To understand the behavior of quantum particles, imagine a pinball game—but rather than one metal ball, there are billions or more, all ricocheting off each other and their surroundings.
Physicists have long tried to study this interactive system of strongly correlated particles, which could help illuminate elusive physics phenomena like high-temperature superconductivity and magnetism.
One classic method is to create a simplified model that can capture the essence of these particle interactions. In 1963, physicists Martin Gutzwiller, Junjiro Kanamori and John Hubbard—working separately—proposed what came to be called the Hubbard model, which describes the essential physics of many interacting quantum particles. The solution to the model, however, only exists in one dimension. For decades, physicists have tried to realize the Hubbard model in two or three dimensions by creating quantum simulators that can mimic it.
A Cornell-led collaboration has successfully created such a simulator using ultrathin monolayers that overlap to make a moiré pattern. The team then used this solid-state platform to map a longstanding conundrum in physics: the phase diagram of the triangular lattice Hubbard model.
Their paper, "Simulation of Hubbard Model Physics in WSe2/WS2 Moiré Superlattices," was published March 18 in Nature. The lead author is postdoctoral associate Yanhao Tang.
The project is led by Kin Fai Mak, associate professor of physics in the College of Arts and Sciences and the paper's co-senior author along with Jie Shan, professor of applied and engineering physics in the College of Engineering. Both researchers are members of the Kavli Institute at Cornell for Nanoscale Science, and they came to Cornell through the provost's Nanoscale Science and Molecular Engineering (NEXT Nano) initiative. Their shared lab specializes in the physics of atomically thin quantum materials.
Their lab partnered with co-author Allan MacDonald, a physics professor at the University of Texas at Austin, who in 2018 theorized a Hubbard model simulator would be possible by stacking two atomic monolayers of semiconductors, the sort of materials Mak and Shan have been studying for a decade.
"What we have done is take two different monolayers of this semiconductor, tungsten disulfide (WS2) and tungsten diselenide (WSe2), which have a lattice constant that is slightly different from each other. And when you put one on top of the other, you create a pattern called a moiré superlattice." Mak said.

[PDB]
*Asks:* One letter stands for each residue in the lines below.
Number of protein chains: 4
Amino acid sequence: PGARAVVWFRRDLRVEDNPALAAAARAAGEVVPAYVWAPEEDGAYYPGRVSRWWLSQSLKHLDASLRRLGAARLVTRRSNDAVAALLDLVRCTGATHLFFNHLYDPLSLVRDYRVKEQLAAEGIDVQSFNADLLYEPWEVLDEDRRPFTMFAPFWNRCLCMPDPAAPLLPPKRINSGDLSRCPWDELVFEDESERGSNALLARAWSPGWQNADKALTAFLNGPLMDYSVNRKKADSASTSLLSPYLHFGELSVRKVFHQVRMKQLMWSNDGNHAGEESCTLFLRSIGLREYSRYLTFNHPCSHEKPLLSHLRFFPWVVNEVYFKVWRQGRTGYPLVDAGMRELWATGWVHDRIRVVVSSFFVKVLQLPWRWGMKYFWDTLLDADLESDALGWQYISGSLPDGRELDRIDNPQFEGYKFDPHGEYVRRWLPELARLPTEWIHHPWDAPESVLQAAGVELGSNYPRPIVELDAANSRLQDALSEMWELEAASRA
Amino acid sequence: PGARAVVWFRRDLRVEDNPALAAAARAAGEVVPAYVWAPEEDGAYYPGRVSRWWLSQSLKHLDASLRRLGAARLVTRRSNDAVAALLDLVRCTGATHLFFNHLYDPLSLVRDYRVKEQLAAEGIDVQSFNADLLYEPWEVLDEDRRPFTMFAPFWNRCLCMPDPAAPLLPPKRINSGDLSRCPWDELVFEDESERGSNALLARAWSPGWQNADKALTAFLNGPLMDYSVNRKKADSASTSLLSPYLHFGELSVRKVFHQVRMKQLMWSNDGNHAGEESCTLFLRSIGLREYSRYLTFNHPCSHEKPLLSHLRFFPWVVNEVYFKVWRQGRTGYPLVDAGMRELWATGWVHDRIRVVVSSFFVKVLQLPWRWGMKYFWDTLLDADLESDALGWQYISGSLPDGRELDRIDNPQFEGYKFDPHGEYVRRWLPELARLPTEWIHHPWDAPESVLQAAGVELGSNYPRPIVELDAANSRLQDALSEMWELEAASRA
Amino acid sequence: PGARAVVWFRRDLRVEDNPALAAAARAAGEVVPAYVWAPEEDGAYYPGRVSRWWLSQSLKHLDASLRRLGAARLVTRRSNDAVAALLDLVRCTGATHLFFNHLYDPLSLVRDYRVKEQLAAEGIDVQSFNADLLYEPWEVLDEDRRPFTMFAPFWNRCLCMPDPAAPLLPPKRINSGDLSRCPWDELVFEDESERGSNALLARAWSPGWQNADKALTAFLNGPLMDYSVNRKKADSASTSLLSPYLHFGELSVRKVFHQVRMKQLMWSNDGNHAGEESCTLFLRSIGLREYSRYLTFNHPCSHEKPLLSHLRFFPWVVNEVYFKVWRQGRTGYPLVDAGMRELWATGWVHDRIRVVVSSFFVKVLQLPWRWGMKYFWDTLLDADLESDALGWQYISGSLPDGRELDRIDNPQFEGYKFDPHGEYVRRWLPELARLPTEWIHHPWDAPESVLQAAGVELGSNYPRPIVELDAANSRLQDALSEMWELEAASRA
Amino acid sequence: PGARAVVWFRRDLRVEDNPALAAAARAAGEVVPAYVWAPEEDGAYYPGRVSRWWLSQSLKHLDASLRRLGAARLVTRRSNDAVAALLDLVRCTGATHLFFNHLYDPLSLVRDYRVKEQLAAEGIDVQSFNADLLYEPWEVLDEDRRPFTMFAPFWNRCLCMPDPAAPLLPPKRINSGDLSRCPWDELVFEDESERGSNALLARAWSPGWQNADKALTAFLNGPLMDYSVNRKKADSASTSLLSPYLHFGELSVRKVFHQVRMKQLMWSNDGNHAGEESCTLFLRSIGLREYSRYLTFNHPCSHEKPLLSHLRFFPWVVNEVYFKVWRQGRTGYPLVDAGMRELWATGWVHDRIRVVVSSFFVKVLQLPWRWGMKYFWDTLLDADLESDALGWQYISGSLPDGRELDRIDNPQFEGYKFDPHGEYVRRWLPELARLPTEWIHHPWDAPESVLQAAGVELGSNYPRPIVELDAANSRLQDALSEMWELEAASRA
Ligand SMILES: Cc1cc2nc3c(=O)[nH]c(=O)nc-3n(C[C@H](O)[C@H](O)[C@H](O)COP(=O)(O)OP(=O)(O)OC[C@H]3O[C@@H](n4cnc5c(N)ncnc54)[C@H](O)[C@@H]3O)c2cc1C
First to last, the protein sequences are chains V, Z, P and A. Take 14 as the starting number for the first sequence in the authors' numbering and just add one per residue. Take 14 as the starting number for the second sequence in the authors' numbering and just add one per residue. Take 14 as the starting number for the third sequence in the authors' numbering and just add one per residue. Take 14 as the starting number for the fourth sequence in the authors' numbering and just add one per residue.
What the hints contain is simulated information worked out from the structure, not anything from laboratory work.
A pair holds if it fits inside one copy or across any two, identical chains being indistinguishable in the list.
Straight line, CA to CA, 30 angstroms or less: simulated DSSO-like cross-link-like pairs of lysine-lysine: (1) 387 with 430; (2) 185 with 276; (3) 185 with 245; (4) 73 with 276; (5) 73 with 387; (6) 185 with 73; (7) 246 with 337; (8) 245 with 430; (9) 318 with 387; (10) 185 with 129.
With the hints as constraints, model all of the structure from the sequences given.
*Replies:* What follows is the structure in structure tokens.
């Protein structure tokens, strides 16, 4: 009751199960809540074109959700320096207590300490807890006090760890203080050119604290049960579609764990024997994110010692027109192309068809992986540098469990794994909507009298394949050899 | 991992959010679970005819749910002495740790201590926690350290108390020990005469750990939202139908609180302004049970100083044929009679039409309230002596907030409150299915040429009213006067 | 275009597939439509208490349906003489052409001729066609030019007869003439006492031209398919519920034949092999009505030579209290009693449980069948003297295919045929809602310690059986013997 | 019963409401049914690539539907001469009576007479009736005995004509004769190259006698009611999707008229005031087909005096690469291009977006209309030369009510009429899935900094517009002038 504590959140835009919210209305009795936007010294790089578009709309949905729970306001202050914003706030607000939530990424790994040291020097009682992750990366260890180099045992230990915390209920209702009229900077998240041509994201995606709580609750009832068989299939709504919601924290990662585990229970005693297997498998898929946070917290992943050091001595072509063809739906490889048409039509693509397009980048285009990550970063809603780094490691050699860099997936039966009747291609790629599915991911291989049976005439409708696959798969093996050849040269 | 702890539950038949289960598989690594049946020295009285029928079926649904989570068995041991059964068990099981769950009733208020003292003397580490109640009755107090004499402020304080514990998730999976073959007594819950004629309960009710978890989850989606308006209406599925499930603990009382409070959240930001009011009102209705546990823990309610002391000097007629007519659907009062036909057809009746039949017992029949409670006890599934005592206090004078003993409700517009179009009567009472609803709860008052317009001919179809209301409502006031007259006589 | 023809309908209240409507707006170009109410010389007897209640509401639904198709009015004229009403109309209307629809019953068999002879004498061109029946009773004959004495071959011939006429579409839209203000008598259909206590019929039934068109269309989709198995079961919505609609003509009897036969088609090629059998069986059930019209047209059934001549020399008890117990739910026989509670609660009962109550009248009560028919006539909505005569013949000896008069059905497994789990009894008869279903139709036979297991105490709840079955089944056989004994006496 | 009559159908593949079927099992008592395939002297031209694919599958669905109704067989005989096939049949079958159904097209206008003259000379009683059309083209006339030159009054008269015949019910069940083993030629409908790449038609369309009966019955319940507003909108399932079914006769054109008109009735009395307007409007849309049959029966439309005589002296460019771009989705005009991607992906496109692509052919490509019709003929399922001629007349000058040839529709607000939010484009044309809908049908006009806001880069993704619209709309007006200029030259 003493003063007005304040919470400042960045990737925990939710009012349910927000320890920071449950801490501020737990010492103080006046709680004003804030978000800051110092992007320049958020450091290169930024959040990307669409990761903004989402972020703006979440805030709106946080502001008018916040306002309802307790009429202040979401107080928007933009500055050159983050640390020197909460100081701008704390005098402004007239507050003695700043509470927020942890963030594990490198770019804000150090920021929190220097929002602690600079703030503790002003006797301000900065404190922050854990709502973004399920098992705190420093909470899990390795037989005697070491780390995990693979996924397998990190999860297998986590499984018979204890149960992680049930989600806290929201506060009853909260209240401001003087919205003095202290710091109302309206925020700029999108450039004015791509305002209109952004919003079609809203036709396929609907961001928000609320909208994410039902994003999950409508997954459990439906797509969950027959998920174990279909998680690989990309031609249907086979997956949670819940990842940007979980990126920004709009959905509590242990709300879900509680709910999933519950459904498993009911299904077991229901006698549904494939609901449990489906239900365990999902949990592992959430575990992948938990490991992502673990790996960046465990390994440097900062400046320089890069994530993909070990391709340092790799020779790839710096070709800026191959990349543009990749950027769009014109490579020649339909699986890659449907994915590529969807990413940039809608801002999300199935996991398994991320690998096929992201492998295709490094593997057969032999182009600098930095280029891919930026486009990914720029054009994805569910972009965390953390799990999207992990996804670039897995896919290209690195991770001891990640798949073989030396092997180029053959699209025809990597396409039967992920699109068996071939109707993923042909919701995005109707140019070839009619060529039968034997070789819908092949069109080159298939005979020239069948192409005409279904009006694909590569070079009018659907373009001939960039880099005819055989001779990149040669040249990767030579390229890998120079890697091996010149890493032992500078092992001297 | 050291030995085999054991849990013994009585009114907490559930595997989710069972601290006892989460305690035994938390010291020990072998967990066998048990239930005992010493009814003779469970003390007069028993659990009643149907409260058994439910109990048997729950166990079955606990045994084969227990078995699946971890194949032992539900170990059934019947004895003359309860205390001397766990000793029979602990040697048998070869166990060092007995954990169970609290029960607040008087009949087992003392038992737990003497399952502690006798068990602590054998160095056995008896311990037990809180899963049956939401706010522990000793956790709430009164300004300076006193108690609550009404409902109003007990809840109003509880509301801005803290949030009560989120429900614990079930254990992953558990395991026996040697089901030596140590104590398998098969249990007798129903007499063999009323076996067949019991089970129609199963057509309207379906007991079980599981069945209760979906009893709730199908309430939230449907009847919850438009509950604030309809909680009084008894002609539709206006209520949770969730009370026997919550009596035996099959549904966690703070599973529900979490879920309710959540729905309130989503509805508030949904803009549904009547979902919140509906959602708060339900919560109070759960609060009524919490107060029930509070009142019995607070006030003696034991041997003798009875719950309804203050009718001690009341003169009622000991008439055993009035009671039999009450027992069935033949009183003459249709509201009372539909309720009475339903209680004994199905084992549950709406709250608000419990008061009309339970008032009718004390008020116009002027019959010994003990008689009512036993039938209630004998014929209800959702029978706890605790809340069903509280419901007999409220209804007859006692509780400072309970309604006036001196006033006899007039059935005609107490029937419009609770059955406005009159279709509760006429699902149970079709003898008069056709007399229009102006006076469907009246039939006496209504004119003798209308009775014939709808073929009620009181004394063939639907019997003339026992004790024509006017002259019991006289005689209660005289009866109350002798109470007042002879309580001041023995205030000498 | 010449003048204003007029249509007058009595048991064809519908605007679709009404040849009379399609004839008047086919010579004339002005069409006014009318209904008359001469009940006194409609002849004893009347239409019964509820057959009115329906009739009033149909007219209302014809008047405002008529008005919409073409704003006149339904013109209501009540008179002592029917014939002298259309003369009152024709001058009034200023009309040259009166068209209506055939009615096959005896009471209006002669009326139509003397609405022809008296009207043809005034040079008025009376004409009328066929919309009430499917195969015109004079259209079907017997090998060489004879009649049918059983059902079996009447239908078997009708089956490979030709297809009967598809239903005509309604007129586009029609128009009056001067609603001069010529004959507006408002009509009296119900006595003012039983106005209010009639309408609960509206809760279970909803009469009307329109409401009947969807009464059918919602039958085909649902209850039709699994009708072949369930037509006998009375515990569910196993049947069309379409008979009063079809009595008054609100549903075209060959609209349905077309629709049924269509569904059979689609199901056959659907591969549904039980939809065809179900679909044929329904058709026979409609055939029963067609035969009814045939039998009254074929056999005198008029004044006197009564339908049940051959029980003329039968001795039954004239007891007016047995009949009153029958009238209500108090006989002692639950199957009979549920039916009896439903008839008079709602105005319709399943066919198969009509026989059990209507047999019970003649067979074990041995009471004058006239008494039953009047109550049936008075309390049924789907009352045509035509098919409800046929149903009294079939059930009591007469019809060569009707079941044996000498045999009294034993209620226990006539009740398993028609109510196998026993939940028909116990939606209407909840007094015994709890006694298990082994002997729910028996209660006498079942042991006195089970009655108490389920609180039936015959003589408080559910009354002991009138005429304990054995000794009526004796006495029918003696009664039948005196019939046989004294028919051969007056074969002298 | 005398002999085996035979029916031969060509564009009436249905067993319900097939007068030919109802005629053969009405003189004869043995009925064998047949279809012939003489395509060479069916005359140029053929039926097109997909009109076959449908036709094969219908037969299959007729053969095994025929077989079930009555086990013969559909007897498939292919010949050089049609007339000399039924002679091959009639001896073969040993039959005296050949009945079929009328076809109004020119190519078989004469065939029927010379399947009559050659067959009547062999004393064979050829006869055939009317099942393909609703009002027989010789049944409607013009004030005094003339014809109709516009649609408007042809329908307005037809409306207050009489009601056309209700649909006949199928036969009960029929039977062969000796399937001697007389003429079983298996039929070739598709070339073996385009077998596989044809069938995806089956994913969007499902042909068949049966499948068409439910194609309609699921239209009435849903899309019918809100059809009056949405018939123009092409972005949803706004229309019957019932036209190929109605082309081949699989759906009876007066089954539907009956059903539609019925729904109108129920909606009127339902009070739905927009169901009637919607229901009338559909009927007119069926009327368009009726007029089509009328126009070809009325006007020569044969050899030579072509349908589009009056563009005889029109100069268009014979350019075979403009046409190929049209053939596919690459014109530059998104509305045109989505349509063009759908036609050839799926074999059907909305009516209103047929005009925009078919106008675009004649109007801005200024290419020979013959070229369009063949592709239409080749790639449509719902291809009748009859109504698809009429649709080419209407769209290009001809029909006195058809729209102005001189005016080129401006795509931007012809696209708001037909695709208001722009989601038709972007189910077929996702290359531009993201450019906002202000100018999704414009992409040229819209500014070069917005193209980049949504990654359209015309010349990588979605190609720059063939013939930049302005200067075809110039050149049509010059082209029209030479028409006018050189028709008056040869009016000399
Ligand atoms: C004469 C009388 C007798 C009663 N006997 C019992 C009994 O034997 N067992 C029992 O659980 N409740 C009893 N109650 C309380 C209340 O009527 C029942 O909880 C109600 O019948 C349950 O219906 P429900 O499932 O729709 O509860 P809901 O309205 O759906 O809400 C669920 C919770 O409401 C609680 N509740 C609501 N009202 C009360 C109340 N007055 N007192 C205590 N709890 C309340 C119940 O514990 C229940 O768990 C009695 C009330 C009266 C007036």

The moiré superlattice looks like a series of interlocking hexagons, and in each juncture—or site—in the crosshatch pattern, the researchers place an electron. These electrons are usually trapped in place by the energy barrier between the sites. But the electrons have enough kinetic energy that, occasionally, they can hop over the barrier and interact with neighboring electrons.
"If you don't have this interaction, everything is actually well understood and sort of boring," said Mak. "But when the electrons hop around and interact, that's very interesting. That's how you can get magnetism and superconductivity."
Because electrons have a negative charge and repel each other, these ensuing interactions become increasingly complicated when there are so many of them in play—hence the need for a simplified system to understand their behavior.
"We can control the occupation of the electron at each site very precisely," Mak said. "We then measure the system and map out the phase diagram. What kind of magnetic phase is it? How do the magnetic phases depend on the electron density?"
So far, the researchers have used the simulator to make two significant discoveries: observing a Mott insulating state, and mapping the system's magnetic phase diagram. Mott insulators are materials that should behave like metals and conduct electricity, but instead function like insulators—phenomena that physicists predicted the Hubbard model would demonstrate. The magnetic ground state of Mott insulators is also an important phenomena the researchers are continuing to study.
While there are other quantum simulators, such as one that uses cold atom systems and an artificial lattice created by laser beams, Mak says his team's simulator has the distinct advantage of being a "true many-particle simulator" that can easily control—or tune—particle density. The system can also reach much lower effective temperatures and assess the thermodynamic ground states of the model. At the same time, the new simulator is not as successful at tuning the interactions between electrons when they share the same site.
"We want to invent new techniques so that we can also control the on-site repulsion of two electrons," Mak said. "If we can control that, we will have a highly tunable Hubbard model in our lab. We may then obtain the complete phase diagram of the Hubbard model."
Journal information: Nature
Provided by Cornell University